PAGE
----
I developed a new relationship with God, and it took me a while to trust this was acceptable.
As a young girl, I would enter synagogue, feeling a distinctive buzz in my sensory system as I walked along the cool, marble floor—more overpowering in English winter.
I still have this feeling, although 2017 was the last time I attended.
As I came to the time that’s considered a Jewish adult, 13, the gap between religion and I began to expand and contract. I assume it was because I saw it was about stepping into this moment I could be adult-minded and was growing older. I had the choice to connect.
Having a ceremony, known as a Bat Mitzvah, was something I was against, so I said no—to all of it. As much with anything in my life, I needed to feel an array of options around me to find comfort and to calm my inner rebellion. To honour my choice was not only about honouring myself, but it was honouring the people around me. It was the community, the Rabbi, and I was overly stimulated whilst being inside this powerful place of worship.
With this gap I had created, that was little by little expanding, I felt more comfortable, and needn’t contract into what felt like a shell. I haven’t looked to date anyone within my faith or looked to have friends of my faith; it was not of importance for me. The familial bond that I searched for, although filled with love, was about knowing I could still encompass that anywhere I roamed or with anyone I met along my way.
With this, I learnt to come back home to myself.
Life can also be about keeping ourselves open, not restricting ourselves when we say no to what may feel right in that moment in time. It is about trusting ourselves, knowing that even if we may feel lonely, there are always people who can love us on the other side of that loneliness.
There are multifaceted ways faith can shine into all of our lives, and, in my experience, it was acknowledging the glow of my grandfather’s stained glass window. The colours will still shine down regardless if I attend it weekly or choose not to.
Synagogue brought me a familial nurturing, a particular bond that I never had elsewhere.
I found a different sense of God than what was sprinkled, and I learnt to not judge myself for that.
I knew it was in the space before my pen hit the paper.
It was the gathered tears in the moments that moved me after hearing a relatable story.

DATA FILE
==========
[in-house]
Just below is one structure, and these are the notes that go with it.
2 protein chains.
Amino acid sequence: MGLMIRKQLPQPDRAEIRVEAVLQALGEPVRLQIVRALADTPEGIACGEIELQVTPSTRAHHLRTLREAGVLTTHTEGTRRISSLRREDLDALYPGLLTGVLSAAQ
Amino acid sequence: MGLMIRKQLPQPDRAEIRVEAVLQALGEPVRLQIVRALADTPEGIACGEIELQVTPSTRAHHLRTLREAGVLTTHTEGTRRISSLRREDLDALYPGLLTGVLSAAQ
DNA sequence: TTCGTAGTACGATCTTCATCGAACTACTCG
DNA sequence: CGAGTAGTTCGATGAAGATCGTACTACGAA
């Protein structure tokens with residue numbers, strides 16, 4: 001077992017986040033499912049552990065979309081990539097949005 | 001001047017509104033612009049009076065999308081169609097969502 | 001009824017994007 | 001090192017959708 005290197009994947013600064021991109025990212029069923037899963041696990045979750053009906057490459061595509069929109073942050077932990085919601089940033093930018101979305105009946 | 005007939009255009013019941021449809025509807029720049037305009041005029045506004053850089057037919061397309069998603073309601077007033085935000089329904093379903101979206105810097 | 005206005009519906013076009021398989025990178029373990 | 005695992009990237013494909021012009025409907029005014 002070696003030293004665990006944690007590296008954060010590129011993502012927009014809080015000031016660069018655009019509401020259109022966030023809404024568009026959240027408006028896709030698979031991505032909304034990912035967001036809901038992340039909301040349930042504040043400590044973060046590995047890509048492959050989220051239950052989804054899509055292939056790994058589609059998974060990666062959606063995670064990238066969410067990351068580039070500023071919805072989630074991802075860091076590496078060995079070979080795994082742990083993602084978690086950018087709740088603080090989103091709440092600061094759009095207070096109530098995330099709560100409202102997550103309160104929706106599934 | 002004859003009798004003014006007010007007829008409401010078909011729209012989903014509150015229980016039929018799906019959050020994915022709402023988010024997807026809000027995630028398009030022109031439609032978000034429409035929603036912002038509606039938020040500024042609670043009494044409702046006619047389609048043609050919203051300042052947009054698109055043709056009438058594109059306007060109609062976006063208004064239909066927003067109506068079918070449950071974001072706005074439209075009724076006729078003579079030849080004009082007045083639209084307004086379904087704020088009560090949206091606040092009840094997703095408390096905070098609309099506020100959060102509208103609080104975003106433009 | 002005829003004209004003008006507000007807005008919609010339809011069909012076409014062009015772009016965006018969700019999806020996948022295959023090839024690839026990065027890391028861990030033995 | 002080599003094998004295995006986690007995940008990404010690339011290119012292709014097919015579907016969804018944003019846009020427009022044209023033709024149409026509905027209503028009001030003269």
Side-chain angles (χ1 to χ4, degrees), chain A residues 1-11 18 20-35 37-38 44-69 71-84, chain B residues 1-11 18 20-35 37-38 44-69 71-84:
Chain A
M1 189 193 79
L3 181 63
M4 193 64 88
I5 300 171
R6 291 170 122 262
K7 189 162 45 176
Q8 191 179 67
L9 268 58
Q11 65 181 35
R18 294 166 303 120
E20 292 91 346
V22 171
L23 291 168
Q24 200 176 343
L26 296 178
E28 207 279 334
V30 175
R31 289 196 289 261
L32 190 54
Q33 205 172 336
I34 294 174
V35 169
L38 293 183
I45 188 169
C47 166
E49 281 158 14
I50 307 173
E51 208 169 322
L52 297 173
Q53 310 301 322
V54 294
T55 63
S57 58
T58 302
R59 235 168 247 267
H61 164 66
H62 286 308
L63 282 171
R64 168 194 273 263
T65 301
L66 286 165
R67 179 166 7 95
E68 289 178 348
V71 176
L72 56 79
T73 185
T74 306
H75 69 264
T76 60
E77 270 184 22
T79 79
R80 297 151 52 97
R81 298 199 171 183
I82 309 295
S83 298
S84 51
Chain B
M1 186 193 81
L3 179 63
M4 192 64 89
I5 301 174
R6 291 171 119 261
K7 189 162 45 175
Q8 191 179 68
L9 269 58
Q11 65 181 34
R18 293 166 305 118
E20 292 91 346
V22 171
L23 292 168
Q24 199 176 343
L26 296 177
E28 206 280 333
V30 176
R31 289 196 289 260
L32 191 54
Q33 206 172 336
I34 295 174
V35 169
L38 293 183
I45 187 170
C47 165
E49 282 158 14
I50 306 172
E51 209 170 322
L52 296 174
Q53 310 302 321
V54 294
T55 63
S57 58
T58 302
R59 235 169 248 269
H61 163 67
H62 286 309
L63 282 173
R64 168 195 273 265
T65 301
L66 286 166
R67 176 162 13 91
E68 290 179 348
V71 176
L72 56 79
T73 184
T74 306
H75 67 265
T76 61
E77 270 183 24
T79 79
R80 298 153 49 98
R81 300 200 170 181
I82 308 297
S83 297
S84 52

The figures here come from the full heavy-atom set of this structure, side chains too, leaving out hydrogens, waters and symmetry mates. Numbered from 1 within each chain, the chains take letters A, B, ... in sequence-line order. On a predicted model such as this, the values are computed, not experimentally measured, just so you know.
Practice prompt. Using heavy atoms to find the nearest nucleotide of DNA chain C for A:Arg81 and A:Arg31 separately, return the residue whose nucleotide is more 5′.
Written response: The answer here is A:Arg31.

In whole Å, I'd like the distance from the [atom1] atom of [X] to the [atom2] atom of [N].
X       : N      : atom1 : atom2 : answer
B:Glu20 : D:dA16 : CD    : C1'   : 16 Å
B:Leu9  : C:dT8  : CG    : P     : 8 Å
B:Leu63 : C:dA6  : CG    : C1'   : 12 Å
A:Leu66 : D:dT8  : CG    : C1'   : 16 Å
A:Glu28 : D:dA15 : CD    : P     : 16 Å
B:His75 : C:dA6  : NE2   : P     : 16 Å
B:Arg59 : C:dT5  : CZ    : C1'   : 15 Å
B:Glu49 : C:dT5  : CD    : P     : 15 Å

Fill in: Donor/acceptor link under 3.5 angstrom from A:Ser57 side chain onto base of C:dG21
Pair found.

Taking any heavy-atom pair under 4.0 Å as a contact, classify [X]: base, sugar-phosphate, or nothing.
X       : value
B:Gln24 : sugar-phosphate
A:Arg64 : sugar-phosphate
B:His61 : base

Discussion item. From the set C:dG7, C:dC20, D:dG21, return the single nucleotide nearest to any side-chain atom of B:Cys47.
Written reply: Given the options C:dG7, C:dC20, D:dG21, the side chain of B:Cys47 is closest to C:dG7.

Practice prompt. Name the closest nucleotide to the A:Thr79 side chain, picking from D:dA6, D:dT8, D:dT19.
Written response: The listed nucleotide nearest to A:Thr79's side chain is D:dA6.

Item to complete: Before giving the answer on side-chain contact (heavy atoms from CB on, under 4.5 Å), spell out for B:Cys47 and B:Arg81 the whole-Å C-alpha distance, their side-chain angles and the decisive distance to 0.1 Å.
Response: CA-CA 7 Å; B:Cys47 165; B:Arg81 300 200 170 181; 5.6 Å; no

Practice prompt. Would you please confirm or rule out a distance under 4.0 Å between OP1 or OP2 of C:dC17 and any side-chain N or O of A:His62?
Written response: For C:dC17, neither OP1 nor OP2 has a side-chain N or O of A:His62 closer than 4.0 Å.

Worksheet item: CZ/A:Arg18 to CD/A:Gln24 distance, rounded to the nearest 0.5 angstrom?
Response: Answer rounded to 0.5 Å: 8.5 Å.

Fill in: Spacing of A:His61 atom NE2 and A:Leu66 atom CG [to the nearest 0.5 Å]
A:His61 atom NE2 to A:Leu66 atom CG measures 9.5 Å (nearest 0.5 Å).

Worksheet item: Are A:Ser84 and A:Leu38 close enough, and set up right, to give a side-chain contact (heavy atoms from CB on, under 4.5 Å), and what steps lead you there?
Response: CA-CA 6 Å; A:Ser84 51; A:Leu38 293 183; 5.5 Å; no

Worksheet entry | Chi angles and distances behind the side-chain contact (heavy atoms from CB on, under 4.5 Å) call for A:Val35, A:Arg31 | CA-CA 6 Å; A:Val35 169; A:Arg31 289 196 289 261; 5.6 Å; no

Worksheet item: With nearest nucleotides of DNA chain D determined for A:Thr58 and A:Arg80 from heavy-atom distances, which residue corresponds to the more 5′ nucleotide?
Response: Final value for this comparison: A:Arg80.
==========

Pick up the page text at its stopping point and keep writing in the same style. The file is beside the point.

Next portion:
It was finding silence in loud foreign lands.
It was watching me break free from old cages of my past—seeing the remnants on the trails behind me.
Seeing my muscles strengthen to make changes in myself
Deepen my power to make the change in those around me.
The need to replay a song to feel the chill down my body again.
It is knowing the feeling of true, unconditional love.
My God is the infinite power to lift myself because only I have known that feeling of endurance.
I came to the understanding that, as I matured, so would the identity I came to know, as life is nonlinear. I wished to be fluid, and with this, the more I evolved. An imperative and large part of adapting toward my self-development, or whatever label one would like to call it, was to coexist with this fluidity. I knew there was no use clenching to the ties of any of which did not serve me. For me, my rigid mindset toward God was one of them. Remaining fluid, grateful, and accepting that my mindset about God can too evolve, just as I embarked on my own path.
So, I rest assured in the knowing that rather than being on my ever-growing, ever-changing pursuit of happiness, I was still, in fact, more in the pursuit of a deeper meaning. I did not need to go anywhere else to look for it. I looked backward, and perhaps, the life around me was filled with prayers and manifestations of all that could make me “happy.”
My thought process was that if I continued to be on a search for a fix of this one fluctuating feeling, one of “happiness,” which was not offering me true endurance, I would be dissatisfied. “Happiness” was an unrealistic expectation, yet “meaning” did not stem from my insecure coercion. Meaning was in with me for the long haul.
I looked to God for answers. I looked to spirituality for answers. I looked for responses from both. In fact, there was no stability within all I was truly searching for, regardless of the experiences I had gone through.
I do not ever discard my search because of the fluidity that comes with evolution. I am not afraid of change. Those around me still are traditional in their beliefs; I have been on both sides of the spectrum, and for now, feel great comfort.
Will it change?
Most likely, but I am okay with that.
I have learnt to stop judging my beliefs, where I am, and who I have become. Fluidity is part of the process of life. I can unveil a new part of myself next week.
Life is about learning, exploring, and allowing ourselves to be open to experiences. I truly hope you find what works for you too.